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Extraction of single rooted teeth for immediate post extraction implant placement
A single tooth with a root form resistant to removal, such as bulbous tip or a curve, may have to be removed by sectioning the root mesio-distally in the longitudinal plane or bucco lingually if damage to the labial plate is to be prevented. In elevating the sectioned root, care must be taken not to damage the socket or interstitial bone.

a) Extraction with Forceps


During extraction of a tooth, the integrity of the socket must be maintained. Extraction forceps with fine beaks must be used in addition to root elevators. The forceps should be used in a rotation motion and not in bucco-lingual traction while extracting a single rooted tooth. This helps to ensure maintenance of the labial plate. Care must be taken not to damage the labial plate, which is often most fragile in the anterior region.

b) Extraction with periotomes


Periotomes are very fine surgical instruments designed to penetrate the periodontal ligament space when placed and then sever the periodontal fibre attachment and bring out the tooth/root with a wedging effect. It is important to keep in mind that the periotomes be used in only in the mesial or distal sides or to a certain extent on the palatal side, but never on the buccal side. The periotomes can be combined with the forceps once it has been felt that the fibres have been detached to a large extent.

The periotome is placed at the disto-palatal or mesiopalatal line angle within the periodontal ligament space, and controlled pressure is applied in a back-and-forth motion until tooth luxation occurs. It may be placed into the facial socket space for final removal of the intact tooth.

In the case of more complex extractions, an alternative technique includes the use of high-speed diamond rotary instruments under copious irrigation to hollow out the root structure until a thin shell remains. This is collapsed internally with the periotome or thin elevators.

c) Extraction with extractors


Tooth/root can be removed alternatively using instruments called extractors where the tooth to be removed is sectioned at the cemento enamel junction, and a post is threaded into the root using a lever principle. The tooth/root is eventually pulled out in a vertical plane without disturbing the buccal plate.

d) Extraction with piezosurgery (Blus C 2010)


The advent of piezosurgical equipment has made it possible to section the tooth in the least traumatic manner. Vibrating syndesmotomes are brought through the gingival sulcus into the space occupied by the PDL between the root and socket to cut the PDL fibers surrounding the tooth socket up to or greater than 10 mm. Thus, when the roots or teeth are mobilized after severing the most apical fibers, the coronal portion of the socket has not been submitted to a violent “rip.” At this stage, a nearly atraumatic extraction can be achieved. The piezosurgical tips can be used to section the root and then extract the root pieces.

Socket evaluation


After the tooth has been removed, it is important to evaluate integrity of the socket walls. Any deficiency in the socket walls, especially on the buccal wall. Though this would not necessarily compromise osseointegration, but, would however compromise the esthetic outcome of the procedure. After tooth removal, a blunt instrument such as a round ended or ball tipped periodontal probe or curette is used with a very gentle tactile motion on all walls of the socket to check for any perforations and also to confirm that the location of the buccal plate is intact.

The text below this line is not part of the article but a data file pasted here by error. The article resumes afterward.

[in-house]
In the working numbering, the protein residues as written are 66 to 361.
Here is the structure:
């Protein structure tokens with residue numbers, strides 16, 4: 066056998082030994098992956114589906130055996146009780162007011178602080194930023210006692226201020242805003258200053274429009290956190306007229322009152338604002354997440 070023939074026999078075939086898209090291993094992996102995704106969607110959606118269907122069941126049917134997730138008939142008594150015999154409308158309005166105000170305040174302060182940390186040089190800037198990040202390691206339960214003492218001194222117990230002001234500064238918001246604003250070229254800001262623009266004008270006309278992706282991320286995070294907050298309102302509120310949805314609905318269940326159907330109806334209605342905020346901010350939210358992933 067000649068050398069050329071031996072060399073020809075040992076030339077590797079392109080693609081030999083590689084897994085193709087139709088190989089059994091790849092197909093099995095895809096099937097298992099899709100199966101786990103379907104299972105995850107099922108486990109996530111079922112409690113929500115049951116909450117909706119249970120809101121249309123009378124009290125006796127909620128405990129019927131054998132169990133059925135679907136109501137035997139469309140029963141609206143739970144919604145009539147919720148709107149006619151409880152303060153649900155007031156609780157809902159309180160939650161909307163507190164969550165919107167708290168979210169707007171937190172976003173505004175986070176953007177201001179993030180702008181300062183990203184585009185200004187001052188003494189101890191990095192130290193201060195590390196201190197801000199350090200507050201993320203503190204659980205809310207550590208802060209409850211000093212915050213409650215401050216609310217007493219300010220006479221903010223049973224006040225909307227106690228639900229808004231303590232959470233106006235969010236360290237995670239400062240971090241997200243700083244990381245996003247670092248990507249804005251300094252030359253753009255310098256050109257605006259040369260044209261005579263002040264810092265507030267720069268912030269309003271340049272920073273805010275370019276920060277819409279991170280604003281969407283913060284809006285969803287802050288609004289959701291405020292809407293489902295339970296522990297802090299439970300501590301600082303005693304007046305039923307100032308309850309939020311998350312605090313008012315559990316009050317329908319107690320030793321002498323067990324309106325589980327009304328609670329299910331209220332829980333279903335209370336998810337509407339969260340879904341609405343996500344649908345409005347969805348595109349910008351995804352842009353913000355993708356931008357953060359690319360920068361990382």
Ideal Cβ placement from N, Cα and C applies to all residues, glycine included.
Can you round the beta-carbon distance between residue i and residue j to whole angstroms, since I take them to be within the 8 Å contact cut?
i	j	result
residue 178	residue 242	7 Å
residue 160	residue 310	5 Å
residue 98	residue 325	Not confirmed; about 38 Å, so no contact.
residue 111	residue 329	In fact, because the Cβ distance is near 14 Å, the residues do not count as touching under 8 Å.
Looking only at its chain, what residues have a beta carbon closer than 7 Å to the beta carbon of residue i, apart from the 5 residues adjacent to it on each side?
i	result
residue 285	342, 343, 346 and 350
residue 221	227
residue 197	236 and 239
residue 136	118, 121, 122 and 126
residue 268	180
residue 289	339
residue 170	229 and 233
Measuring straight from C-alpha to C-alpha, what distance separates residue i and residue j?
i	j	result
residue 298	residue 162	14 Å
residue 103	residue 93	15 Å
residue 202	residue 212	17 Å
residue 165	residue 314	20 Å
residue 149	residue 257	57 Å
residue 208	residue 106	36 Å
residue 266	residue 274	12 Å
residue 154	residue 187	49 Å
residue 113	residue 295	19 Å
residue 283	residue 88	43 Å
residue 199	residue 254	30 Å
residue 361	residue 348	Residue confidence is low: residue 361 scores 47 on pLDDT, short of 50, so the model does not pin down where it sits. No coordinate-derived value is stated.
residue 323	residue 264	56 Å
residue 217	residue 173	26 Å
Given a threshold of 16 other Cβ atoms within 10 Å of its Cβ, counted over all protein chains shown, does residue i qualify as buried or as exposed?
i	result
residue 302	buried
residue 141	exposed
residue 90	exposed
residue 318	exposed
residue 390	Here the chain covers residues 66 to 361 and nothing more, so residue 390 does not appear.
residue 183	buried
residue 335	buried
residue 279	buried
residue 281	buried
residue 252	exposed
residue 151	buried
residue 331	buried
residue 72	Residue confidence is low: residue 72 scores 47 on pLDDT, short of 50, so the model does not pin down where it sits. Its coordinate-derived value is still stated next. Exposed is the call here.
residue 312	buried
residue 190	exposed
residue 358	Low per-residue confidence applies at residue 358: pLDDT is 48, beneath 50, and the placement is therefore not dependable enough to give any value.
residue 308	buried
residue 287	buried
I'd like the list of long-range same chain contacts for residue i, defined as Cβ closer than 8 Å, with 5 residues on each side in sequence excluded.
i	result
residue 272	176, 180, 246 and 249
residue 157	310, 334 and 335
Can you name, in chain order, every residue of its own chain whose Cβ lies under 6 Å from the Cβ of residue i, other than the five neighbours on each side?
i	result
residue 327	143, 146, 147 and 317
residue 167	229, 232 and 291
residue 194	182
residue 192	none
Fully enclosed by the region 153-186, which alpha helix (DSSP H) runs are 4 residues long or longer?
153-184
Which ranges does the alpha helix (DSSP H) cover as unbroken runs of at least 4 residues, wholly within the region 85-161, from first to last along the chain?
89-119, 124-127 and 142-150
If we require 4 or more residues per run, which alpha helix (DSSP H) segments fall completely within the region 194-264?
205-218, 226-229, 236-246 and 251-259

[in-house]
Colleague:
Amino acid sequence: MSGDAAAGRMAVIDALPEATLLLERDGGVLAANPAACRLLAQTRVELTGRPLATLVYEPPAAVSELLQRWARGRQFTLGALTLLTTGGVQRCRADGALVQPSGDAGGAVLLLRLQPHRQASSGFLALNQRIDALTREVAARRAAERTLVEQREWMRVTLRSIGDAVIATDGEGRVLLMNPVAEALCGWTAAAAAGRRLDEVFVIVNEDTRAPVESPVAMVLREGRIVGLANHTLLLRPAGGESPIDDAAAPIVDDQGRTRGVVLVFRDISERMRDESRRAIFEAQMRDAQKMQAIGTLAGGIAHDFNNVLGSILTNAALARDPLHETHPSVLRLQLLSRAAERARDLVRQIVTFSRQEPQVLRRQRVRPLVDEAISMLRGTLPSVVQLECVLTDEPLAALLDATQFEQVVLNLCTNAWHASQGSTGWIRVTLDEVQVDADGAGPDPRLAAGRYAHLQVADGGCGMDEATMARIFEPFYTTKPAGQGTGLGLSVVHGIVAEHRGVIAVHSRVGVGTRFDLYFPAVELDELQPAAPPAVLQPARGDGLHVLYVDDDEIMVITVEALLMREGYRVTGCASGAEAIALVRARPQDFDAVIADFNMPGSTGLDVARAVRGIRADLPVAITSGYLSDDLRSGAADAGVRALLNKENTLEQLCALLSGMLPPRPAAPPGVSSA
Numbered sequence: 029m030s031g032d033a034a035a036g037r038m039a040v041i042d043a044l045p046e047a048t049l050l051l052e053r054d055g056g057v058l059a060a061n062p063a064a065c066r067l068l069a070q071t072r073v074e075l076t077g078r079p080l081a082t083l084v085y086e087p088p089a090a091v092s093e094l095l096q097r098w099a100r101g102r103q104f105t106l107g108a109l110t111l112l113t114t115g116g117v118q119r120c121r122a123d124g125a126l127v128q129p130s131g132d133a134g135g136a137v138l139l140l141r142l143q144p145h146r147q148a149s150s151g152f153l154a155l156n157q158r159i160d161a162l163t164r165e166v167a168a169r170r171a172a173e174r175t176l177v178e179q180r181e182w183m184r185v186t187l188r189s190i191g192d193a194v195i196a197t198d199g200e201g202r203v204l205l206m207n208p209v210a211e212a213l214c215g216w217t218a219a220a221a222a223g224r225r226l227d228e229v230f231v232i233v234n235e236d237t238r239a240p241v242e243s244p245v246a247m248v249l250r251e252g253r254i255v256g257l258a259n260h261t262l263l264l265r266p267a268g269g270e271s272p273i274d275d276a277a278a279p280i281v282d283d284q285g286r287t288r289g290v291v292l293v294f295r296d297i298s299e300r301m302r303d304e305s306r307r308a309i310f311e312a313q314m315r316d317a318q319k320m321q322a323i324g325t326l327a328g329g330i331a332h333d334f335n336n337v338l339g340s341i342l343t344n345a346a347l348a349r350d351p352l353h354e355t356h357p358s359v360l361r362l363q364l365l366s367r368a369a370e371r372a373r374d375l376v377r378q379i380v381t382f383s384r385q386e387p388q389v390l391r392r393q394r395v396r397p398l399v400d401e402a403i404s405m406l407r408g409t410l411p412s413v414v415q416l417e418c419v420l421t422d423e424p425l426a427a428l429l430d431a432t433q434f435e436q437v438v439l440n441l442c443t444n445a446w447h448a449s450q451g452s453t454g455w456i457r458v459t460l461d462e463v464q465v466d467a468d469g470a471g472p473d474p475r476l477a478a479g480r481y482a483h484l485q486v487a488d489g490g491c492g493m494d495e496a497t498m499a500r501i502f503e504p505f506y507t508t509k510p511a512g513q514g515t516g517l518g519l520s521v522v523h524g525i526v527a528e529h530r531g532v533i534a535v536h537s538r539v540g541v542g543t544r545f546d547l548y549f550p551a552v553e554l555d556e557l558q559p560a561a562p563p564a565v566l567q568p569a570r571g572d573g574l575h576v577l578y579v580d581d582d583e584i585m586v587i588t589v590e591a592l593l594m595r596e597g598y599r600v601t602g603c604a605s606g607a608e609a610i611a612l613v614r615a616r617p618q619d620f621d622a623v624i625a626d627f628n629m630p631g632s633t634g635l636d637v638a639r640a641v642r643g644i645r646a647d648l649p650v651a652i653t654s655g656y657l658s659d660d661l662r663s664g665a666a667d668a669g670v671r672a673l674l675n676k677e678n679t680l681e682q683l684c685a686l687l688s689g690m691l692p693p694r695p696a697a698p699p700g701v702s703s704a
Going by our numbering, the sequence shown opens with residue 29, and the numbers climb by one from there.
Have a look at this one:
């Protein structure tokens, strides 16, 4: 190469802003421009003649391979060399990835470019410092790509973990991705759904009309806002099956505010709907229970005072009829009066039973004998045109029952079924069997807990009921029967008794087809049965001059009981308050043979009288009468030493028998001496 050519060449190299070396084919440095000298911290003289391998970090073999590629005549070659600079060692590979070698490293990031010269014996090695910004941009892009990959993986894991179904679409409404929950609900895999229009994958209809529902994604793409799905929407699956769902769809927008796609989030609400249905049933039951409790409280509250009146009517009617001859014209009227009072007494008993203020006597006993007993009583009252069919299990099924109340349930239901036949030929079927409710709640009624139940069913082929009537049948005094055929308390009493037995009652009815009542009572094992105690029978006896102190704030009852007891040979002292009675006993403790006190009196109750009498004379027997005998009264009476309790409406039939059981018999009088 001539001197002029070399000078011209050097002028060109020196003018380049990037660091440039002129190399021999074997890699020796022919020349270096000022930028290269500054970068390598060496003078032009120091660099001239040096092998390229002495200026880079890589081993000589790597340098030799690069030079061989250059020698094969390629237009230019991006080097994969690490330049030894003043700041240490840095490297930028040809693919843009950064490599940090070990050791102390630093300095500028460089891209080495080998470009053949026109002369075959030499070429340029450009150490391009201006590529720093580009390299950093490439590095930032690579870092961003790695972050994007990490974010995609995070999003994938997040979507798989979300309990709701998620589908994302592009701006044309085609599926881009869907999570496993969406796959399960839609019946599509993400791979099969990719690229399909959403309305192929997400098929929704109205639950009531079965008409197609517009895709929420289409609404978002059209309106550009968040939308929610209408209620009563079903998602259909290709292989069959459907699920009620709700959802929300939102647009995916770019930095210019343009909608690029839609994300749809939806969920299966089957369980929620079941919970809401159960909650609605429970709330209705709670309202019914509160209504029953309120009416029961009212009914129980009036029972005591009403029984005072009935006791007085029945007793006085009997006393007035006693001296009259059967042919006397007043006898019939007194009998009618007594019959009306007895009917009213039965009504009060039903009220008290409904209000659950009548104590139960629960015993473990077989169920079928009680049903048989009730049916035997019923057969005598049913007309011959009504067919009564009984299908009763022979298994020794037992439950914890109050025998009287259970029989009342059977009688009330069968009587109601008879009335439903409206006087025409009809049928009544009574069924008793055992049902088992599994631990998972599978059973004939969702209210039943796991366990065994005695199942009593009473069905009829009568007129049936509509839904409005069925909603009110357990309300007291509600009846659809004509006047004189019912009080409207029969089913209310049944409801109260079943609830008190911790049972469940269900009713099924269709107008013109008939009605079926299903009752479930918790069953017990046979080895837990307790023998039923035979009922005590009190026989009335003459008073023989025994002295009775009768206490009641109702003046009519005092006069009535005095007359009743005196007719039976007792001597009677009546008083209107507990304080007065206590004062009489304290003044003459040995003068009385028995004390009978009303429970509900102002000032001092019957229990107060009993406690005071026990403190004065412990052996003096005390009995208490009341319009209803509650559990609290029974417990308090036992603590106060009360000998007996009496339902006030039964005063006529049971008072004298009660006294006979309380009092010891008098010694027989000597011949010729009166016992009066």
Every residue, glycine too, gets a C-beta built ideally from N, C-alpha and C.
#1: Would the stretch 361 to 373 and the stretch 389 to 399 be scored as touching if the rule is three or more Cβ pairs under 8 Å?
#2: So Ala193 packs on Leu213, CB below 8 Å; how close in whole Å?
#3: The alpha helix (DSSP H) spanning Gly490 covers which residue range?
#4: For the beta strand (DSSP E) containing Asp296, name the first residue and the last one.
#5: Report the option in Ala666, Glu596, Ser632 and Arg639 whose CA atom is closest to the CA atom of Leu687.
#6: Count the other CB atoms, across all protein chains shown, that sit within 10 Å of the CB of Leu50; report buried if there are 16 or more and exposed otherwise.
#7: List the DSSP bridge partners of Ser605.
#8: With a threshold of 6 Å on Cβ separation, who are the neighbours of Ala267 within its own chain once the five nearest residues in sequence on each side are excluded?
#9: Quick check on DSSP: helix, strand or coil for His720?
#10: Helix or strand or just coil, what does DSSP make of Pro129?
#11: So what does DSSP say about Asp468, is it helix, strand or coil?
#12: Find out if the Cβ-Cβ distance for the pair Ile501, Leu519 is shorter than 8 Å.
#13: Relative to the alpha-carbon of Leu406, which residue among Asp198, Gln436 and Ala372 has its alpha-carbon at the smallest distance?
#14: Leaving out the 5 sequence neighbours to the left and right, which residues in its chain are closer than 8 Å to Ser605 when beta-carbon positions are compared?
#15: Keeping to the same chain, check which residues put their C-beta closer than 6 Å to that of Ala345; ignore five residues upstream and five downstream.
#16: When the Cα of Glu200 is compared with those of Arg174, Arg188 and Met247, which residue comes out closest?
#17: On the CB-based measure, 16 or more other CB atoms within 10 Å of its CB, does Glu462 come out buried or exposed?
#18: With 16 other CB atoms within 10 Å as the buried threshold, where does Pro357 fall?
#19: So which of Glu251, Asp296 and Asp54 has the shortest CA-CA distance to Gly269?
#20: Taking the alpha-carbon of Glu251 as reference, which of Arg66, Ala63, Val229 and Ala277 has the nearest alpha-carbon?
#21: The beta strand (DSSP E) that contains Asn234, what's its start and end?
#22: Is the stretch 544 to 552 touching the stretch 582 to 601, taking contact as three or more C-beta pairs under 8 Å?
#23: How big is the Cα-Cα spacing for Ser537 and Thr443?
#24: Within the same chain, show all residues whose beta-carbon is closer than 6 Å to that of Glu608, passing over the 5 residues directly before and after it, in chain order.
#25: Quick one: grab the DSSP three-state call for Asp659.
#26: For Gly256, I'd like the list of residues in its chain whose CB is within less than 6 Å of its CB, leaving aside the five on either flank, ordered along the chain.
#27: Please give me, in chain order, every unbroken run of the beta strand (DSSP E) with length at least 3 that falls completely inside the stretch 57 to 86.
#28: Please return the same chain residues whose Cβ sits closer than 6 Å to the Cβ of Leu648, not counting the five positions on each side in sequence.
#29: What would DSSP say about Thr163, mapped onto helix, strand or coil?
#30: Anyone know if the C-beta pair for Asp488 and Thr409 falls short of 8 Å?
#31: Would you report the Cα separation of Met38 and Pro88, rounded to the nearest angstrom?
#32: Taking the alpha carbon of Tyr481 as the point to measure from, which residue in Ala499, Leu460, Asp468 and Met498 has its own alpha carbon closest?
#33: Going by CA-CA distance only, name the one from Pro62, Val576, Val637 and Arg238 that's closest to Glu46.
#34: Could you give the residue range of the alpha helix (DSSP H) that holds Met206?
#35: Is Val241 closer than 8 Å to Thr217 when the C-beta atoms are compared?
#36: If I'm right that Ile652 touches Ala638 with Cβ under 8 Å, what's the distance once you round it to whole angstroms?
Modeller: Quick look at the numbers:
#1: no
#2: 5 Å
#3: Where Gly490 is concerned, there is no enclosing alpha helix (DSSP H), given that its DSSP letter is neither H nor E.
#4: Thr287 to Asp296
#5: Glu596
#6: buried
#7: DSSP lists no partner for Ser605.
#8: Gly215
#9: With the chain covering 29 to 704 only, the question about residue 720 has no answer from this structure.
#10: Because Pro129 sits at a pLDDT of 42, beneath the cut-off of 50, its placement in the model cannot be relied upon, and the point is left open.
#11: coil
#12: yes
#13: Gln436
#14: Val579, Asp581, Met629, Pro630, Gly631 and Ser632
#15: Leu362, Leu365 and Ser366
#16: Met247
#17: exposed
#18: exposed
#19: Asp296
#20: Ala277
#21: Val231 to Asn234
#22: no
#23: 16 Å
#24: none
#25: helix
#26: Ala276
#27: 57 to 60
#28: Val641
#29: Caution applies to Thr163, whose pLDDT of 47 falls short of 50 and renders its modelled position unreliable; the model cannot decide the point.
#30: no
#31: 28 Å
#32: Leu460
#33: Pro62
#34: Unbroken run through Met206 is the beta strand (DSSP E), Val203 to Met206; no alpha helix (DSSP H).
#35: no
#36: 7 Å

A common sequel after extraction of a tooth with labial bone dehiscence is a more apical location of the gingival margin due to loss of cortical bone support. This soft tissue deficit must be corrected to avoid esthetic problems resulting from a final crown length that is not in harmony with the adjacent natural teeth.

2. Implant placement into the extraction socket


While placing an implant into an extraction socket, it has to be placed in line in the anticipated future restorative outcome. The standard drilling procedures have been modified for the placement of implants into the extraction socket. Penetration of palatal wall of extraction socket is done by sharp precision drill which guides the initial preparation of an osteotomy.

Anterior maxillary immediate implant placement situations


In the maxillary anterior region it is important to avoid placing the implant directly into the extraction socket.

The sockets of the maxillary anterior teeth are far buccally placed as compared to the incisal edges. If an implant is placed in line with the apex of the socket, it is quite likely that the implant might get severe buccal angulation and this would compromise the esthetic outcome or perforation of buccal plate may occur which may result in failure of implant.

The axis of the implant must correspond to the incisal edges of the adjacent teeth or be slightly palatal to this landmark.

So, prior to initiation of the drilling, the location of the apex has to be identified using a wide drill/ location indicator and check its location in the bucco- lingual direction.

It is now being recommended that the initial entry point into the socket be made with a more buccal angulation of the drill somewhere in the middle to the apical third of the wall of the socket and straighten the drill slowly bringing it in line with the desired implant angulation.

The next drill will be used to shave some amount of bone at the mouth of the palatal wall.

There are times when the bone at the cervical third of the palatal wall of the socket resists the proper angulation of the bur. So it is preferred to trim this part of the socket wall so that the proper angulation can be achieved.

Sequential drilling has to be continued as per the manufacturer’s guidelines to complete the preparation of the osteotomy.